Lady Gaga has received the dubious honor of having a newly discovered parasitic wasp named after her.
Pop music’s leading diva has been immortalized by researchers at the University of Thailand who have named a recently discovered parasitoid wasp Aleiodes gaga in honor of the singer, reports Wonderwall. Why they would name the wasp after Lady Gaga? We don’t exactly know, but i09 opines that the researchers are just “seeking attention — in which case the name is wholly appropriate.”
The Gaga species of wasp was just one of 178 others in the first ever “turbo-taxonomic study” based on a new DNA coding technique called “COI barcoding.” In the new process, scientists use a fragment of the mitochondrial COI gene to dramatically increase the time it takes to identify and prove the existence of a new species. With some thousands of samples already discovered in tropical locales, the COI barcoding technique is proving to be “revolutionary.”
Still, Lady Gaga’s name might not stick with the parasitic wasp, as some researchers have expressed reservation over the accuracy of the new technique. According to biologist Quentin Wheeler, naming a new species based merely on “the nucleic acids at particular bases” just isn’t enough.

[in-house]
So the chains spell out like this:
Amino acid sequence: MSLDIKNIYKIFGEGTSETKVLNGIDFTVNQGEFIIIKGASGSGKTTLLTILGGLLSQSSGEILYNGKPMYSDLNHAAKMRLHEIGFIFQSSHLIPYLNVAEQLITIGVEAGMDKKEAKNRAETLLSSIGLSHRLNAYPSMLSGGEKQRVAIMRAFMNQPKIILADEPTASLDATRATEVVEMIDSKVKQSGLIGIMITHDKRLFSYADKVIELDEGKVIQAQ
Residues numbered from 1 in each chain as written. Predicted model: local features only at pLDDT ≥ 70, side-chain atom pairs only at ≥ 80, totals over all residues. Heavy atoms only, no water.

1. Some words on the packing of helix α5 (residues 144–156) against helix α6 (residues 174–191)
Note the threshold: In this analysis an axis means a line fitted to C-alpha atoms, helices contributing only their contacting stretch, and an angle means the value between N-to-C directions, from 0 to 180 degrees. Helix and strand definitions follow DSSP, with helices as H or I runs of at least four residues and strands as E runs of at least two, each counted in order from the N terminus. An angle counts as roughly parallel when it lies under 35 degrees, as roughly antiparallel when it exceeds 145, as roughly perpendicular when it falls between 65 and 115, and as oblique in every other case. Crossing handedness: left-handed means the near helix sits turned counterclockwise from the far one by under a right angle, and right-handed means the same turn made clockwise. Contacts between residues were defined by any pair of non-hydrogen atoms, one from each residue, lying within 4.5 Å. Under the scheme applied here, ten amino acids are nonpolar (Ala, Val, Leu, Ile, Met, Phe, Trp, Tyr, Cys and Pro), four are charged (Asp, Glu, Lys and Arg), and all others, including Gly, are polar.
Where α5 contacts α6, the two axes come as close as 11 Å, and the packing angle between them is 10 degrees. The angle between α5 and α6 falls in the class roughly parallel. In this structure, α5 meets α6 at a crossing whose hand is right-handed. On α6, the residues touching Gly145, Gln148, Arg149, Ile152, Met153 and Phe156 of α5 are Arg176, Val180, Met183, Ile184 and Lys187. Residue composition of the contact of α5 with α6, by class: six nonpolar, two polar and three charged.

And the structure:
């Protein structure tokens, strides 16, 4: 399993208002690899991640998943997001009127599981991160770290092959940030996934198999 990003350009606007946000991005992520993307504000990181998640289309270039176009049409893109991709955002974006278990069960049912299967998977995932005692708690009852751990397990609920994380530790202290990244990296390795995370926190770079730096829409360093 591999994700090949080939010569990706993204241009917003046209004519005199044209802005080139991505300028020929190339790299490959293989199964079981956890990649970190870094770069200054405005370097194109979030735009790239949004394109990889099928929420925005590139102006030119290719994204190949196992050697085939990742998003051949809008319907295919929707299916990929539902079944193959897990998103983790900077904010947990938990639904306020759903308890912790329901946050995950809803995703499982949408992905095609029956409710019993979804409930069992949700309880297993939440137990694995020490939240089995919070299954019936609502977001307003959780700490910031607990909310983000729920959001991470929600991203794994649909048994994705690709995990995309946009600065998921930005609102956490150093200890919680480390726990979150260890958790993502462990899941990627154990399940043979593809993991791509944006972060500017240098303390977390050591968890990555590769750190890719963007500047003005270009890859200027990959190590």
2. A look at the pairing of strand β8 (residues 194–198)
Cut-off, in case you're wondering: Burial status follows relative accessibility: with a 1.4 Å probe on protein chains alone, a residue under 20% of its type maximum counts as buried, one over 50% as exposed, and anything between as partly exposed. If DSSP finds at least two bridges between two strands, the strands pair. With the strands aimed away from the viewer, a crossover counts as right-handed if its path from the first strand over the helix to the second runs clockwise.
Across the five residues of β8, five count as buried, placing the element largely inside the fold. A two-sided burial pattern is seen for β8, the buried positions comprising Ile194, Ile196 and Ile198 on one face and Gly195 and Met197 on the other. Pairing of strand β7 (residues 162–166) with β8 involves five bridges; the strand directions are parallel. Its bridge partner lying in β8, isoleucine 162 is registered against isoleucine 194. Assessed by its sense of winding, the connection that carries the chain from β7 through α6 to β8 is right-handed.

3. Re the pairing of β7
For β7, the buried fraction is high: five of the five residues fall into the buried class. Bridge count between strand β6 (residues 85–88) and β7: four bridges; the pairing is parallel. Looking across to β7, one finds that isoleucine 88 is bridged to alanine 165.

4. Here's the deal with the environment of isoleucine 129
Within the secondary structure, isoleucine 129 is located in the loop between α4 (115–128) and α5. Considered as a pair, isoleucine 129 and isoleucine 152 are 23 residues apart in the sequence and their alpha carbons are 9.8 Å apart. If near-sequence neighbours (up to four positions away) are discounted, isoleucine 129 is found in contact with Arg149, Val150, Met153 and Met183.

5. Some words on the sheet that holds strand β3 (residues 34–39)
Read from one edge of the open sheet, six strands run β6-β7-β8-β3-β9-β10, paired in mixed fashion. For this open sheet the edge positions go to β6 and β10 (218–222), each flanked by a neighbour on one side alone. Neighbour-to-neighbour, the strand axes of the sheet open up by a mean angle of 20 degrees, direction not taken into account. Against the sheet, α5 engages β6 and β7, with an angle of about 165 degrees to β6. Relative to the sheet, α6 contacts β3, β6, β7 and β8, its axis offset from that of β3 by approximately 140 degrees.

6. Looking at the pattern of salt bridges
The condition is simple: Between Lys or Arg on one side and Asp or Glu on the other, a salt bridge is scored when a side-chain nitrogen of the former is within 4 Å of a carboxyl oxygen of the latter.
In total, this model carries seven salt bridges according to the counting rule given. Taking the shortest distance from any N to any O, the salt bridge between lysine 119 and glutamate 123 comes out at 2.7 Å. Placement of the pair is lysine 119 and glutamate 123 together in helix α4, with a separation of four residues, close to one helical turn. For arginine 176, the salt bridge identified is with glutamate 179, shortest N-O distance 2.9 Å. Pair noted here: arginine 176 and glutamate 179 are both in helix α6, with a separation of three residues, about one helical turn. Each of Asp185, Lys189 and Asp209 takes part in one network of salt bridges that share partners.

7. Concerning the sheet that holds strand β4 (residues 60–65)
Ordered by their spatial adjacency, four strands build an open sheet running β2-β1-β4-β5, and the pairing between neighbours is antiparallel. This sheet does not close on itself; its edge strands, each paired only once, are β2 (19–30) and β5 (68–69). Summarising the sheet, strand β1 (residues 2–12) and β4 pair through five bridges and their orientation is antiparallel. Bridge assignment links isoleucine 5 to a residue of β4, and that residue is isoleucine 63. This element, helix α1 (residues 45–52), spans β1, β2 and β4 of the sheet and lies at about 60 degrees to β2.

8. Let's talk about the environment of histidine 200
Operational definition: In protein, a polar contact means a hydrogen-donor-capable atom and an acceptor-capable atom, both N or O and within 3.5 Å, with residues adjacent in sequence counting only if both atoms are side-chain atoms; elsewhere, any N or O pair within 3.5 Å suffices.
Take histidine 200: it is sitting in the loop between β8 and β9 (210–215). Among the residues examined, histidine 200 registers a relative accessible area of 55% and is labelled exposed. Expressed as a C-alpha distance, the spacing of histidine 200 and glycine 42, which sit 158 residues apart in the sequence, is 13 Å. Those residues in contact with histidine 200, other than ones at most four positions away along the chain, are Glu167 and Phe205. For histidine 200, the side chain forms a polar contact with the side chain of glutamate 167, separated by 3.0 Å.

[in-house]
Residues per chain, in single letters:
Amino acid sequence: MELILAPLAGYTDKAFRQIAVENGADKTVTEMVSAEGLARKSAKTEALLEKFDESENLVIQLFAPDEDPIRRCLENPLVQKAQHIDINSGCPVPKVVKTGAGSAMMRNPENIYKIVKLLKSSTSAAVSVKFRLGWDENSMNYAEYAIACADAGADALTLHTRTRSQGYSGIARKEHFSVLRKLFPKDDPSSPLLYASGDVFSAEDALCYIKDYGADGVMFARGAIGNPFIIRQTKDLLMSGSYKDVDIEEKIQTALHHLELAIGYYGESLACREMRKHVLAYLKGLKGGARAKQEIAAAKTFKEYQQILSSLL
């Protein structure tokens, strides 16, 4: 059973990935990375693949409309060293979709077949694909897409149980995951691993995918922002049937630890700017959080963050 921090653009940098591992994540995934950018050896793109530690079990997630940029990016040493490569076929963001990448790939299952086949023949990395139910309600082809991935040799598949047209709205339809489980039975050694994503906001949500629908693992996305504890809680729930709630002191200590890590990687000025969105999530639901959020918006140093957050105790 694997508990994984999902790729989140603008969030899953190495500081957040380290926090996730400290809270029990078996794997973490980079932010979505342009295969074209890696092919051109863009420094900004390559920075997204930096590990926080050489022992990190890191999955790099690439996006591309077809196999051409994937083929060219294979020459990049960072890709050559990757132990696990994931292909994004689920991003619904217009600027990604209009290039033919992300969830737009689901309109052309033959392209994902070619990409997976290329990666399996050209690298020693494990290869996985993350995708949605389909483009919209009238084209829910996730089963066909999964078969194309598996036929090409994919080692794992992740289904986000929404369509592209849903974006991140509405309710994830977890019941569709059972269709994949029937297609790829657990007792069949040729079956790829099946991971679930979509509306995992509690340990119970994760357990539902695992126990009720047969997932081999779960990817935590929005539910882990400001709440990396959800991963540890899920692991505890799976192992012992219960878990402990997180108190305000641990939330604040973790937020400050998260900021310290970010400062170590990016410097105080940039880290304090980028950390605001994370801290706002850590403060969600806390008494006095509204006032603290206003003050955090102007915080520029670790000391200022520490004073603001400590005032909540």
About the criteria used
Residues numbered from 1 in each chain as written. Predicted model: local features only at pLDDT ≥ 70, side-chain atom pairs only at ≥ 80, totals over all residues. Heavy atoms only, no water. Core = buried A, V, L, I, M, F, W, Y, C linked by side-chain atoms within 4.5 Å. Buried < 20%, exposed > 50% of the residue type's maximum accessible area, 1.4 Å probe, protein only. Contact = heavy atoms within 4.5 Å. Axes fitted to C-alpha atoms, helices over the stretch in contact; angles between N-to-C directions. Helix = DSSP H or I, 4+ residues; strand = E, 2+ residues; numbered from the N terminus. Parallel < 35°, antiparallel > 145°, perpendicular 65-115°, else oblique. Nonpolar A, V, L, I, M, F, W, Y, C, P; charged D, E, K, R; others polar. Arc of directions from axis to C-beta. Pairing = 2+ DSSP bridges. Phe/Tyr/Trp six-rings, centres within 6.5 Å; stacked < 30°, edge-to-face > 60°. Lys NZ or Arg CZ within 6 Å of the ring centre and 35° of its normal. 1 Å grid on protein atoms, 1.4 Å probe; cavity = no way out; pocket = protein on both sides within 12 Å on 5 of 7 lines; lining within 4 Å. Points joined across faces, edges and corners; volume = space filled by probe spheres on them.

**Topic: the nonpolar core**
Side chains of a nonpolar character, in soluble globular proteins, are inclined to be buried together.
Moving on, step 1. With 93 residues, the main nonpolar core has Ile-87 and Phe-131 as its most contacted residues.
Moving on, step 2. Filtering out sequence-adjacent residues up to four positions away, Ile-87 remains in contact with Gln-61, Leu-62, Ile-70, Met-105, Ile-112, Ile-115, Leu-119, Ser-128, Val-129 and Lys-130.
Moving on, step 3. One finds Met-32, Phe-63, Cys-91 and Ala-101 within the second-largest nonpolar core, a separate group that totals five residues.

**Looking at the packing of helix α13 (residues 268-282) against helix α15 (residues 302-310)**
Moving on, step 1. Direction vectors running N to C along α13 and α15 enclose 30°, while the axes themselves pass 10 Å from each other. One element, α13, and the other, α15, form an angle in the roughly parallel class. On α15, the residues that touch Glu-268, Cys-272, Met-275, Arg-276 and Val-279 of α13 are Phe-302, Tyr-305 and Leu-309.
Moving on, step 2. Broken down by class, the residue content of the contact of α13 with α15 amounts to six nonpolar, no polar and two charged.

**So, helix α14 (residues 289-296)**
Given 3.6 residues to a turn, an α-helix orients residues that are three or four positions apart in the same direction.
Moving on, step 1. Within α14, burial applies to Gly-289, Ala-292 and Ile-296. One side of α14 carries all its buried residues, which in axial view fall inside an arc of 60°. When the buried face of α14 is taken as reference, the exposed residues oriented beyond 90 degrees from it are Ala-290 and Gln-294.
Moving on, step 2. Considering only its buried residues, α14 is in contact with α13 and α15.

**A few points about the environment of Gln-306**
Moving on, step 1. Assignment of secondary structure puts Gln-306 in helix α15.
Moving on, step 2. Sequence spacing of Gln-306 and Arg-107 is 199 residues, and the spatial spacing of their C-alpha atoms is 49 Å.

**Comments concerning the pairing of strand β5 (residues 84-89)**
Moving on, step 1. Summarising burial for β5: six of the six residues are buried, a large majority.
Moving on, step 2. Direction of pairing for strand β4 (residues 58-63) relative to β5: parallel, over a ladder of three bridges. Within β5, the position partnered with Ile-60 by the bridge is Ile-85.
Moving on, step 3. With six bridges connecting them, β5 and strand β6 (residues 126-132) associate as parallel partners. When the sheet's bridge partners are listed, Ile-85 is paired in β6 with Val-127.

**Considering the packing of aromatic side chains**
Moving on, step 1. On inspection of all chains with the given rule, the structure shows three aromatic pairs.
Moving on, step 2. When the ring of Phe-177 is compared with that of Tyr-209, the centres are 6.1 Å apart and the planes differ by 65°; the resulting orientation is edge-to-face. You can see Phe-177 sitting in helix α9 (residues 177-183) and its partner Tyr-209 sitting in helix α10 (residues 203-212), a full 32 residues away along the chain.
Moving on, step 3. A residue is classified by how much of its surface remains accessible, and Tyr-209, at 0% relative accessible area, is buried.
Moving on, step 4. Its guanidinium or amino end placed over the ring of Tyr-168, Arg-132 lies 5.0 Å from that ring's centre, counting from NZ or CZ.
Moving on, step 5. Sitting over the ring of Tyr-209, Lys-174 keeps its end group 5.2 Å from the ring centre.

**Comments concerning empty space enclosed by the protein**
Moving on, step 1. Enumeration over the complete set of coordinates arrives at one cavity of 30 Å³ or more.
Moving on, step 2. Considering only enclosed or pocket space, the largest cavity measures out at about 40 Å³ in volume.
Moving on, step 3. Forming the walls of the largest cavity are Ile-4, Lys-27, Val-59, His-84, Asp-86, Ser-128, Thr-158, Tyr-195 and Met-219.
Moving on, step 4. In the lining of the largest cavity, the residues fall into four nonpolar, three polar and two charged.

“The aim of describing species is to recognize, describe and name the results of evolution,” he writes at The Guardian, “not to proliferate the number of names in reference to ephemeral shifts in gene frequencies or, in this case, in nucleic acids.”
Wheeler contends that “arbitrary measures of genetic distances as an inferior substitute for explicitly testable theories of species based on unique combinations of complex characters,” though he does see importance of turbo-taxonomy to the field. He just thinks that it doesn’t excuse thorough investigation. Still, he does say that turbo-taxonomy and COI barcoding are here to stay, so if the parasitic wasp is indeed a new species, Lady Gaga’s namesake is likely to stay with it, though we’d still like to know exactly why.